The molecular composition of PM2.5 (particulate matter with an aerodynamic diameter <2.5 μm) aerosol samples collected during a very warm and dry 2003 summer period at a mixed forest site in Jülich, Germany, was determined by gas chromatography/mass spectrometry in an effort to evaluate photooxidation products of biogenic volatile organic compounds (BVOCs) and other markers for aerosol source characterization. Six major classes of compounds represented by twenty-four individual organic species were identified and measured, comprising tracers for biomass combustion, short-chain acids, fatty acids, sugars/sugar alcohols, and tracers for the photooxidation of isoprene and α-/β-pinene. The tracers for the photooxidation of α-/β-pinene include two compounds, 3-hydroxyglutaric acid and 3-methyl-1,2,3-butanetricarboxylic acid, which have only recently been elucidated. The characteristic molecular distribution of the fatty acids with a strong even/odd number carbon preference indicates a biological origin, while the presence of isoprene and terpene secondary organic aerosol products suggests that the photooxidation of BVOCs contributes to aerosol formation at this site. The sum of the median concentrations of the isoprene oxidation products was 21.2 ng m−3, while that of the terpene oxidation products was 19.8 ng m−3. On the other hand, the high median concentration of malic acid (37 ng m−3) implies that photooxidation of unsaturated fatty acids should also be considered as an important aerosol source process. In addition, the occurrence of levoglucosan and pyrogallol indicates that the site is affected by biomass combustion. Their median concentrations were 30 and 8.9 ng m−3, respectively.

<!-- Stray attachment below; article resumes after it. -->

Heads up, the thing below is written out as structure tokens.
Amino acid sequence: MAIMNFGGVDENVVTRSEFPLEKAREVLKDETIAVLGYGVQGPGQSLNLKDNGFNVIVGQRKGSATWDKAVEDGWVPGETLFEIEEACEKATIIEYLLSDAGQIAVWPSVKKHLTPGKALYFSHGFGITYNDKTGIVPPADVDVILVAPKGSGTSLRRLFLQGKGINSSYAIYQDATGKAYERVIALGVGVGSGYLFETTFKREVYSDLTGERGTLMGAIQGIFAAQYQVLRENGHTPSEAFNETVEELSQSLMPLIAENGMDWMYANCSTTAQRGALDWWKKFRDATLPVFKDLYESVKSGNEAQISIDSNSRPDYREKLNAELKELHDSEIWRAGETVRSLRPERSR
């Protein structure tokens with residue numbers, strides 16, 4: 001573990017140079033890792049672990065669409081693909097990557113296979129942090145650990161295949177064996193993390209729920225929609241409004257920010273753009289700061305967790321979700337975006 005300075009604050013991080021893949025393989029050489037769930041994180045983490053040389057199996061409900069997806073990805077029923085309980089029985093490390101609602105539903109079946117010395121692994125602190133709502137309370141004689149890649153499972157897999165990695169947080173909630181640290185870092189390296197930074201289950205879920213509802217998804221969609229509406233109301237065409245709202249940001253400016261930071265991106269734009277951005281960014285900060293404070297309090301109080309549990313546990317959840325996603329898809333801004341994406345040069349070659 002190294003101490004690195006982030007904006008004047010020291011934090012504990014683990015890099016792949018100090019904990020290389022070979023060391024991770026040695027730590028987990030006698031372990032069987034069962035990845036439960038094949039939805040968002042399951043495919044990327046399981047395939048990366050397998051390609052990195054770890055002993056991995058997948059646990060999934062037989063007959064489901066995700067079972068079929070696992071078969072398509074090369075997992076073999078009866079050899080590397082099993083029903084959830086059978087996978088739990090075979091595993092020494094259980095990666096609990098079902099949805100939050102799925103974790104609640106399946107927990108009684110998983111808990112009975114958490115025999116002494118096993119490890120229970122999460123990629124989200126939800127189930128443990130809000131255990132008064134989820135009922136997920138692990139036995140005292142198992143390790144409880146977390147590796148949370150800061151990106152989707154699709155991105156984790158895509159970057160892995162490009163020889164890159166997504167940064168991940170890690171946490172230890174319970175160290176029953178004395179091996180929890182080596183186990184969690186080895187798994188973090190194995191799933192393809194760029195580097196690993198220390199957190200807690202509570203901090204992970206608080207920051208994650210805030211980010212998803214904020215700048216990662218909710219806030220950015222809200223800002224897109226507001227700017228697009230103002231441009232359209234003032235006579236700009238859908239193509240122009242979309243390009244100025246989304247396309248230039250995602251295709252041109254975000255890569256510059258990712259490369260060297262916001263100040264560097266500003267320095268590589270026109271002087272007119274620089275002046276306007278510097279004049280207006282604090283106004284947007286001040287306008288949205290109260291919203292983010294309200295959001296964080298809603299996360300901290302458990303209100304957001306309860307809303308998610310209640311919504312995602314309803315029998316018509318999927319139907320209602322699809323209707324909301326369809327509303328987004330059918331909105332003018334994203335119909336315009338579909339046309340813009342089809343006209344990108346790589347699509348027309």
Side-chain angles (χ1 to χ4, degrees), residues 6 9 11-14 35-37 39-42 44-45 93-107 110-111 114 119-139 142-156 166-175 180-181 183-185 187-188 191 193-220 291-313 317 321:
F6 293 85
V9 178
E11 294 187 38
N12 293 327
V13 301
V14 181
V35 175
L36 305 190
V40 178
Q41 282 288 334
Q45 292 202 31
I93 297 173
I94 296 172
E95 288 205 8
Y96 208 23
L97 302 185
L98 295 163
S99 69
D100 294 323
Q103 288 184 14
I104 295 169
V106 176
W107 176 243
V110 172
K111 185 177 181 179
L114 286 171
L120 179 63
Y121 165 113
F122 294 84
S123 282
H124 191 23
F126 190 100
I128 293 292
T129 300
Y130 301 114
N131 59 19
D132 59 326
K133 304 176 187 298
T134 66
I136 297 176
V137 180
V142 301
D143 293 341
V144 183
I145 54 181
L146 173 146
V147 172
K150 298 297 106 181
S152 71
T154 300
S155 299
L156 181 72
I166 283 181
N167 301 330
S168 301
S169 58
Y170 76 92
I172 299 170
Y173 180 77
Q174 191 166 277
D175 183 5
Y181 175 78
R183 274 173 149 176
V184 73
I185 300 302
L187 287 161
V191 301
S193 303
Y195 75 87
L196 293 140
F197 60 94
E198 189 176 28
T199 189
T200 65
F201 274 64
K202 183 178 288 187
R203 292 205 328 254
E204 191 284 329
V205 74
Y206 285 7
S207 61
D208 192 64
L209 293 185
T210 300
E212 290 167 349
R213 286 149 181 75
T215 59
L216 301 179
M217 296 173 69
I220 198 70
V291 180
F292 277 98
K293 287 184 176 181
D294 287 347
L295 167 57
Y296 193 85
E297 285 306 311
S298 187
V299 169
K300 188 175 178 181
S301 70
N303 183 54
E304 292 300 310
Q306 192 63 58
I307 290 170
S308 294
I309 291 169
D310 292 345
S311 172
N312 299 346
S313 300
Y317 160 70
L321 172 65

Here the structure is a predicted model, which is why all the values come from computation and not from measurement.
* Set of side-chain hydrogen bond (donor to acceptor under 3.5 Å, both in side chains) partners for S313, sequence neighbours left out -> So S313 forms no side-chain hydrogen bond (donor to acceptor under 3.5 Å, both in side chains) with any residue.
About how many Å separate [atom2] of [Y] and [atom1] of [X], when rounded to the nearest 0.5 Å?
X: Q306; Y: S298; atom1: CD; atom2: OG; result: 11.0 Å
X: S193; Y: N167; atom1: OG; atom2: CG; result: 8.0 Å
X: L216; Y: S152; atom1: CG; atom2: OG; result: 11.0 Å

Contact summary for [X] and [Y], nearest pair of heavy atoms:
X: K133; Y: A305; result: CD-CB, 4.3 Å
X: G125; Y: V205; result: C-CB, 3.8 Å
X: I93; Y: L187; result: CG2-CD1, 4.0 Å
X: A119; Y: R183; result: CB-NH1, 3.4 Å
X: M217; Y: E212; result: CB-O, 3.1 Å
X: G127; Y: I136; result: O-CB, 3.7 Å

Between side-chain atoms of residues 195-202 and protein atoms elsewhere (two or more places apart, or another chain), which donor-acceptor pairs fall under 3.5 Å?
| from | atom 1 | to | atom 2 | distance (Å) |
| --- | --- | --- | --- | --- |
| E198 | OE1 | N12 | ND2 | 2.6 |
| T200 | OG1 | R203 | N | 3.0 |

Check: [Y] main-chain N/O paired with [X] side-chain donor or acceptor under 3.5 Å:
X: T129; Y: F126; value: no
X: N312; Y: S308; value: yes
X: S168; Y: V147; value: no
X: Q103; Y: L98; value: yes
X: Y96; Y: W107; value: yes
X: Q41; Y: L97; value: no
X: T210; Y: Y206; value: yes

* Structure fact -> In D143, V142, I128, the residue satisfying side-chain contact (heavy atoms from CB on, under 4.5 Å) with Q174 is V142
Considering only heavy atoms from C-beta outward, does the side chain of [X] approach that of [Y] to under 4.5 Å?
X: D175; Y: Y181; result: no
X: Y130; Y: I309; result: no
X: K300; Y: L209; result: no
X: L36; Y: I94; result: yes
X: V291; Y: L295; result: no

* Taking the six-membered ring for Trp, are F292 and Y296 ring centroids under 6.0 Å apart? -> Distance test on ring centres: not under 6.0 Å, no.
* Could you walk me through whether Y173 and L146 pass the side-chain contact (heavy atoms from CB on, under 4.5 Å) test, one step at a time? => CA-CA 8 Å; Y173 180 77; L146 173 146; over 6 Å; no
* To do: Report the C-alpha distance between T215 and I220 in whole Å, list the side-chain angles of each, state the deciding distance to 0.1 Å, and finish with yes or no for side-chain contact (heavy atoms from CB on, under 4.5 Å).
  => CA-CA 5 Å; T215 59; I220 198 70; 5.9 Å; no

- Secondary organic aerosol
- Gas chromatography/Mass spectrometry